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With couple freed, Erdogan tells Herzog Turkey-Israel ties key to regional security

Presidents speak by phone, express desire for comprehensive dialogue as Natali and Mordy Oknin make it home after 8 days in detention

Lazar Berman is The Times of Israel's diplomatic reporter

President Isaac Herzog (L) and Turkish President Recep Tayyip Erdogan (R) (AP)
President Isaac Herzog (L) and Turkish President Recep Tayyip Erdogan (R) (AP)

President Isaac Herzog spoke by phone with Turkey’s President Recep Tayyip Erdogan on Thursday, hours after an Israeli couple arrested last week in Istanbul as suspected spies landed in Israel.

Erdogan stressed in the conversation that he views ties with Israel as important to his country and “of key importance to the peace, stability, and security of the Middle East.”

Speaking in Turkish through an interpreter, Erdogan also expressed a desire for a comprehensive dialogue between the countries on bilateral and regional issues, according to a statement from the Israeli president’s office. Herzog welcomed the idea.

Herzog, speaking in English, thanked his counterpart for his personal involvement in freeing Mordy and Natali Oknin, who were arrested in Istanbul last Tuesday after they photographed Erdogan’s palace in Istanbul while on tour and sent the photo to their family. Media reports have said thousands of tourists — including Israelis — regularly take photos of the palace.

Israel firmly and formally rejected the allegation that the Oknins, both of whom are bus drivers for the Egged company, are spies. Natali had featured in advertising campaigns for Egged over the years, and their work colleagues dismissed the notion that they were spies as ridiculous.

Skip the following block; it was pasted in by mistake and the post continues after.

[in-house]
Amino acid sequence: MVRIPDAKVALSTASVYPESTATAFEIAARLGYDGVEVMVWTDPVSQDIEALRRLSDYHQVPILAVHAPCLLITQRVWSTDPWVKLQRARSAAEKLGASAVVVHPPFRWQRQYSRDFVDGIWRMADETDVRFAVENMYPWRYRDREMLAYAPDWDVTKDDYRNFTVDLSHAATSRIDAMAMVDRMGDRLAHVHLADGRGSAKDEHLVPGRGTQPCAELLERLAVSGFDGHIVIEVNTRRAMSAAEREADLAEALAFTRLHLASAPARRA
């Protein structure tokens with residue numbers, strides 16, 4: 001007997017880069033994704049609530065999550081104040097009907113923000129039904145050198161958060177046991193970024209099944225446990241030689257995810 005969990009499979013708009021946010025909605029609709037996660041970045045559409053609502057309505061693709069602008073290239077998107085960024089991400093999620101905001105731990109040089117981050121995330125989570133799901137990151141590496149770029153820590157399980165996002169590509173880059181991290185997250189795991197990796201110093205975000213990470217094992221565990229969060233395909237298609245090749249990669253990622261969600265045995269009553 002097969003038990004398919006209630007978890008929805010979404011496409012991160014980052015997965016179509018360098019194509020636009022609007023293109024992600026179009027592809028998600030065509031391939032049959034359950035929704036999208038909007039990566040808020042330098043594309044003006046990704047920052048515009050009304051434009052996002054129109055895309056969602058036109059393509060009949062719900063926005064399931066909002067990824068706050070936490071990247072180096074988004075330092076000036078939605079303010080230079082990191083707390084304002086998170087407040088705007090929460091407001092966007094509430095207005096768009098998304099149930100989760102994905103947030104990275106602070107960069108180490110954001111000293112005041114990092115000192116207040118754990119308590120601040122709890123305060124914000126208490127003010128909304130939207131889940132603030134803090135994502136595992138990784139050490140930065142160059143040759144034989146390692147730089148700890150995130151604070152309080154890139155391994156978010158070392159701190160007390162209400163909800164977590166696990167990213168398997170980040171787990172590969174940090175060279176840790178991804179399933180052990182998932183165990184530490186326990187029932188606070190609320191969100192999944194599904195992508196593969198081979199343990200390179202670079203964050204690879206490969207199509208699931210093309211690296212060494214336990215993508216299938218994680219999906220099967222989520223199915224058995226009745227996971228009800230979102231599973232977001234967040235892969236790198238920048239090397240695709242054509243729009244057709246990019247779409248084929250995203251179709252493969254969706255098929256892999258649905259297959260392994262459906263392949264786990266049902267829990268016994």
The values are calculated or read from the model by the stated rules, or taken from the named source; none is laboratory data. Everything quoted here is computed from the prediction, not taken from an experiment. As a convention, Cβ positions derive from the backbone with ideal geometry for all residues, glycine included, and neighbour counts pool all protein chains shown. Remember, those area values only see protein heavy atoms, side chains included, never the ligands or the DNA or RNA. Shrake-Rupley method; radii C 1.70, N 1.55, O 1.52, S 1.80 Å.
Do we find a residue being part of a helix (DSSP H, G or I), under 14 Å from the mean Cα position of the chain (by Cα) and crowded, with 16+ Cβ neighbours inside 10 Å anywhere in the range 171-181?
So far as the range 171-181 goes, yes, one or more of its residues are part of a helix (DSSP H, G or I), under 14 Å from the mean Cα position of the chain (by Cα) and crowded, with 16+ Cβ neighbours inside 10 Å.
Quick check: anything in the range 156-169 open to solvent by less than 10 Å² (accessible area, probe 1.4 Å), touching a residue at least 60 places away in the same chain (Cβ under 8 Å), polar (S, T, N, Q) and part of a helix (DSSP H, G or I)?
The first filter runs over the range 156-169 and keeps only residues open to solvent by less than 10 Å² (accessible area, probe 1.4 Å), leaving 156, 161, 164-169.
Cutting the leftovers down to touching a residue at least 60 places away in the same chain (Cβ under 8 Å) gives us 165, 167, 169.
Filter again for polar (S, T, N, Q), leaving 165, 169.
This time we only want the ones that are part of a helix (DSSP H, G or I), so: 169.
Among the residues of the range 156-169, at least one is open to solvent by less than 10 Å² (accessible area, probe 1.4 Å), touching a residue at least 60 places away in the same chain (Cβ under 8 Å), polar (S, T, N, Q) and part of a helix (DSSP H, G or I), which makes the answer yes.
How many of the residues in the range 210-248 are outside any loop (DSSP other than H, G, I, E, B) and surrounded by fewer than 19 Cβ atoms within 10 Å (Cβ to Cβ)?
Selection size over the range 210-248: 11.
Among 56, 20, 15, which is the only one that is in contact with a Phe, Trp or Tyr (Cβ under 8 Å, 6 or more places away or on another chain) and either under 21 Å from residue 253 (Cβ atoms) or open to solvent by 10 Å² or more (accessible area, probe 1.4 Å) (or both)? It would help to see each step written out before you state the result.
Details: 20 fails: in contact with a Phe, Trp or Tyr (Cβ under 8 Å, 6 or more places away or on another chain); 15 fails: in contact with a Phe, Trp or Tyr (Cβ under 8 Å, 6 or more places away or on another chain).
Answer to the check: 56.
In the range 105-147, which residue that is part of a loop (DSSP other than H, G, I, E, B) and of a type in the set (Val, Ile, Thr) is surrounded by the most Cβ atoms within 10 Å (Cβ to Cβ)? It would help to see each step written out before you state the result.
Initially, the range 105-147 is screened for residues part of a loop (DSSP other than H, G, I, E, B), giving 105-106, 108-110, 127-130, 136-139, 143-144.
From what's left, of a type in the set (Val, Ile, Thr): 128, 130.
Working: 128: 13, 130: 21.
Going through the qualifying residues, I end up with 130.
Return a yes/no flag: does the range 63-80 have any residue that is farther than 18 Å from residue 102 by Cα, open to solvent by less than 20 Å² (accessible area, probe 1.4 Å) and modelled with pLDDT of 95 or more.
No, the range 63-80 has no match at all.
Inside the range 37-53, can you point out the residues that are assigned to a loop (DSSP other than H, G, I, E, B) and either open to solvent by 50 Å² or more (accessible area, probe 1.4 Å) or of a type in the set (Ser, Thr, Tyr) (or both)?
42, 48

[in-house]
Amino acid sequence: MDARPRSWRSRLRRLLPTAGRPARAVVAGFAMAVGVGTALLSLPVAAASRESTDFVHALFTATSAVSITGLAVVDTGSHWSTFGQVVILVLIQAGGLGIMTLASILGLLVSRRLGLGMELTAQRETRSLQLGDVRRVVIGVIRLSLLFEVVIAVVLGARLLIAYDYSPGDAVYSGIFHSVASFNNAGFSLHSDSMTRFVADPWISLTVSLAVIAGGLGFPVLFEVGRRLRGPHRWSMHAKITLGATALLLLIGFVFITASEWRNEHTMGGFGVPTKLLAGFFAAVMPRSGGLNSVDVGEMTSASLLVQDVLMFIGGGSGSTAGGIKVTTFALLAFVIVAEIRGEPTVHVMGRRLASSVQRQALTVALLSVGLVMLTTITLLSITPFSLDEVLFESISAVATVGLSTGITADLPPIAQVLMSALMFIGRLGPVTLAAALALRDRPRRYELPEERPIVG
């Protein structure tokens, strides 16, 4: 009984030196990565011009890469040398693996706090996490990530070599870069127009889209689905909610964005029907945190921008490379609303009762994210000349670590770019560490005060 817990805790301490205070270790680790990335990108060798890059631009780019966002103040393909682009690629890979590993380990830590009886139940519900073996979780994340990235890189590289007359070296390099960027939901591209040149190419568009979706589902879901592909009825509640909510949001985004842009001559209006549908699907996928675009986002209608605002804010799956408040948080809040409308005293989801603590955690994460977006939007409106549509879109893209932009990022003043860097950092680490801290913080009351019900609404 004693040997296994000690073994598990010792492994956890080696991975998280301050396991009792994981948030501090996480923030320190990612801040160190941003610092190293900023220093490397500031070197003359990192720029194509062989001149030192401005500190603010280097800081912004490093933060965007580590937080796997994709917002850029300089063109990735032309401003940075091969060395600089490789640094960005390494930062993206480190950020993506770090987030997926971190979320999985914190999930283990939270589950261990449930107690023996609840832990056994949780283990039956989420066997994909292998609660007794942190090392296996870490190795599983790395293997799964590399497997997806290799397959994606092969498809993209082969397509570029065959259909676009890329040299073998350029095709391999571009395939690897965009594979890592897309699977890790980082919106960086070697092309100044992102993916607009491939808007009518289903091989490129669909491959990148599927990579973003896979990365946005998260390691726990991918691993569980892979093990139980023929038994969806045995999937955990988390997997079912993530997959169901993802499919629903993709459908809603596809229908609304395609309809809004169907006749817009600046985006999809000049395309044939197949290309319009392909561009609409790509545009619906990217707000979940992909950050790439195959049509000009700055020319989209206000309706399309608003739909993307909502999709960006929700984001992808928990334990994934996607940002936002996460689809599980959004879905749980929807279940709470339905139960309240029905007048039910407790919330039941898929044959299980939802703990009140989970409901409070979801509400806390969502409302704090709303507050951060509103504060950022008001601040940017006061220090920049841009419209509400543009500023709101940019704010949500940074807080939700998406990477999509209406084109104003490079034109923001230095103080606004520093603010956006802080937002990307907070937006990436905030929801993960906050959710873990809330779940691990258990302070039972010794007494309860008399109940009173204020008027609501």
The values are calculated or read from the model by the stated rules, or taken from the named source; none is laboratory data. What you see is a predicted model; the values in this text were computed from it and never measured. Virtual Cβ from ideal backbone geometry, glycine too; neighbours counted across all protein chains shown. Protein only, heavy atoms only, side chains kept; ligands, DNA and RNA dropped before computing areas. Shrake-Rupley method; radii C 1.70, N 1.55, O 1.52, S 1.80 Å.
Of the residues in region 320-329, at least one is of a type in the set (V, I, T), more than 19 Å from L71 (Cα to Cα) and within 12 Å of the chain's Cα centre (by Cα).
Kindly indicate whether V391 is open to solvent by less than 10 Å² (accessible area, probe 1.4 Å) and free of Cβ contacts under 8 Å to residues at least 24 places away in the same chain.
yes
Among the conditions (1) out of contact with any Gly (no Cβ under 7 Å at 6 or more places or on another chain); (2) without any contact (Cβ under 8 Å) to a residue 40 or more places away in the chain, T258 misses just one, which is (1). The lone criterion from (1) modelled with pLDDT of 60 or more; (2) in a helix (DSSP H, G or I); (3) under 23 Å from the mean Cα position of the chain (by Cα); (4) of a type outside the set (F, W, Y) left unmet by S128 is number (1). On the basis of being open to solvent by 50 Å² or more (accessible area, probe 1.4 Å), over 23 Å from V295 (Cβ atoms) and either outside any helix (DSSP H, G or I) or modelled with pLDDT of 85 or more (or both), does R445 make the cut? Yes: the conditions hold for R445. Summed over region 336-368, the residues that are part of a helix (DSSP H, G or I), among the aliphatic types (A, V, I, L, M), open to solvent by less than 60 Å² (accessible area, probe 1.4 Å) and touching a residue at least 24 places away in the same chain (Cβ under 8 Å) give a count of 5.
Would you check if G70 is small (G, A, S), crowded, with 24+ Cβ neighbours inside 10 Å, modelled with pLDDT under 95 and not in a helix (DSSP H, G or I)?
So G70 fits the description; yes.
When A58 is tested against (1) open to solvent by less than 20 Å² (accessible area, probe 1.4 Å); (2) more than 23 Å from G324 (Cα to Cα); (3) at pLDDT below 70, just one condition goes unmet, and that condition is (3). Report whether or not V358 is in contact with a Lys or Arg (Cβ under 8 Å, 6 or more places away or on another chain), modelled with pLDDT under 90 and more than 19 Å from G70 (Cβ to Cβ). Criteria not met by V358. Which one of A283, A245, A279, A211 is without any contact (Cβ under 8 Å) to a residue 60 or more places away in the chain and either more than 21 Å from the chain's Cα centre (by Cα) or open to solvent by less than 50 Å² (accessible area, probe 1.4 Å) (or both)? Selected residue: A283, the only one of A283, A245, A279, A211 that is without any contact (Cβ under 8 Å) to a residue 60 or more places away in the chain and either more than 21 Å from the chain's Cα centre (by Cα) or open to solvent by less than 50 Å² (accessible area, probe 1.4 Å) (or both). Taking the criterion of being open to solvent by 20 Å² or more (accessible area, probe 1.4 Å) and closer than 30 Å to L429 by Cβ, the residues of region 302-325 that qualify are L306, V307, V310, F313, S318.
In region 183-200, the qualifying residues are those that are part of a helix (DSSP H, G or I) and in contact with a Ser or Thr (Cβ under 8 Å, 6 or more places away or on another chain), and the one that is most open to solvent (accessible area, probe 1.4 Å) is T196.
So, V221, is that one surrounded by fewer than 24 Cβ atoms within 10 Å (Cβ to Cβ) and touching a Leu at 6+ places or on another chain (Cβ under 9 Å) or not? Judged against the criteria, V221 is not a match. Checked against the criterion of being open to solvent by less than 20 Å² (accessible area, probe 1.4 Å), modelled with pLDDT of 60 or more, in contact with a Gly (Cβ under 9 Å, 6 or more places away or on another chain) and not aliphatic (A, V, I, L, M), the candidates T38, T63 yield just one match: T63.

Once close defense allies, the two regional powers saw relations fall apart over the past decade. However, over the past year, Erdogan and other Turkish officials have expressed a desire to repair ties, as Ankara finds itself increasingly boxed in by rivals in Europe and the eastern Mediterranean.

In July, Erdogan congratulated Herzog on being sworn into his new role as Israel’s president, and similarly noted the importance of relations between the two countries for the sake of regional stability. A spokesman for Erdogan’s AKP party said that in the wake of the call, a “framework emerged” to improve ties between Ankara and Jerusalem.

Natali Oknin, who was held with her husband in Turkey for a week on suspicion of espionage, is greeted upon her arrival home in the Israeli city of Modiin on November 18, 2021 following their release (GIL COHEN-MAGEN / AFP)

“We want to thank all the people of Israel who supported our country and family. Thank you to Prime Minister Naftali Bennett, Foreign Minister Yair Lapid, President Isaac Herzog,” said Natali Oknin in a press conference outside the family’s home in the city of Modiin after eight days of detention.

Earlier, a joint statement from Bennett and Lapid announcing their release thanked Erdogan.

“We thank the president of Turkey and his government for their cooperation and look forward to welcoming the couple back home,” the statement said, adding that Herzog had also significantly contributed to efforts to end the incident.

Bennett was reportedly set to speak with Erdogan on Thursday by phone as well to thank him for the release of the couple.

Prime Minister Naftali Bennett (R) sits next to Foreign Minister Yair Lapid during the weekly cabinet meeting at the Prime Minister’s Office in Jerusalem on November 7, 2021. (Gil Cohen-Magen/Pool/AFP)

The Foreign Ministry sent a jet, along with two senior consular officials, to bring the pair back and they arrived in Israel shortly after 6 a.m. They headed to their home in Modiin, where they were greeted by a crowd of relatives and supporters, many of whom wore T-shirts printed with a photograph of the couple.

In Turkey, the husband and wife were held separately and granted intermittent access to an Israeli lawyer and Israeli consular officials.

Delicate diplomatic efforts to secure their release had been complicated because the two governments do not have ambassadors in each other’s countries due to the tensions between Ankara and Jerusalem.

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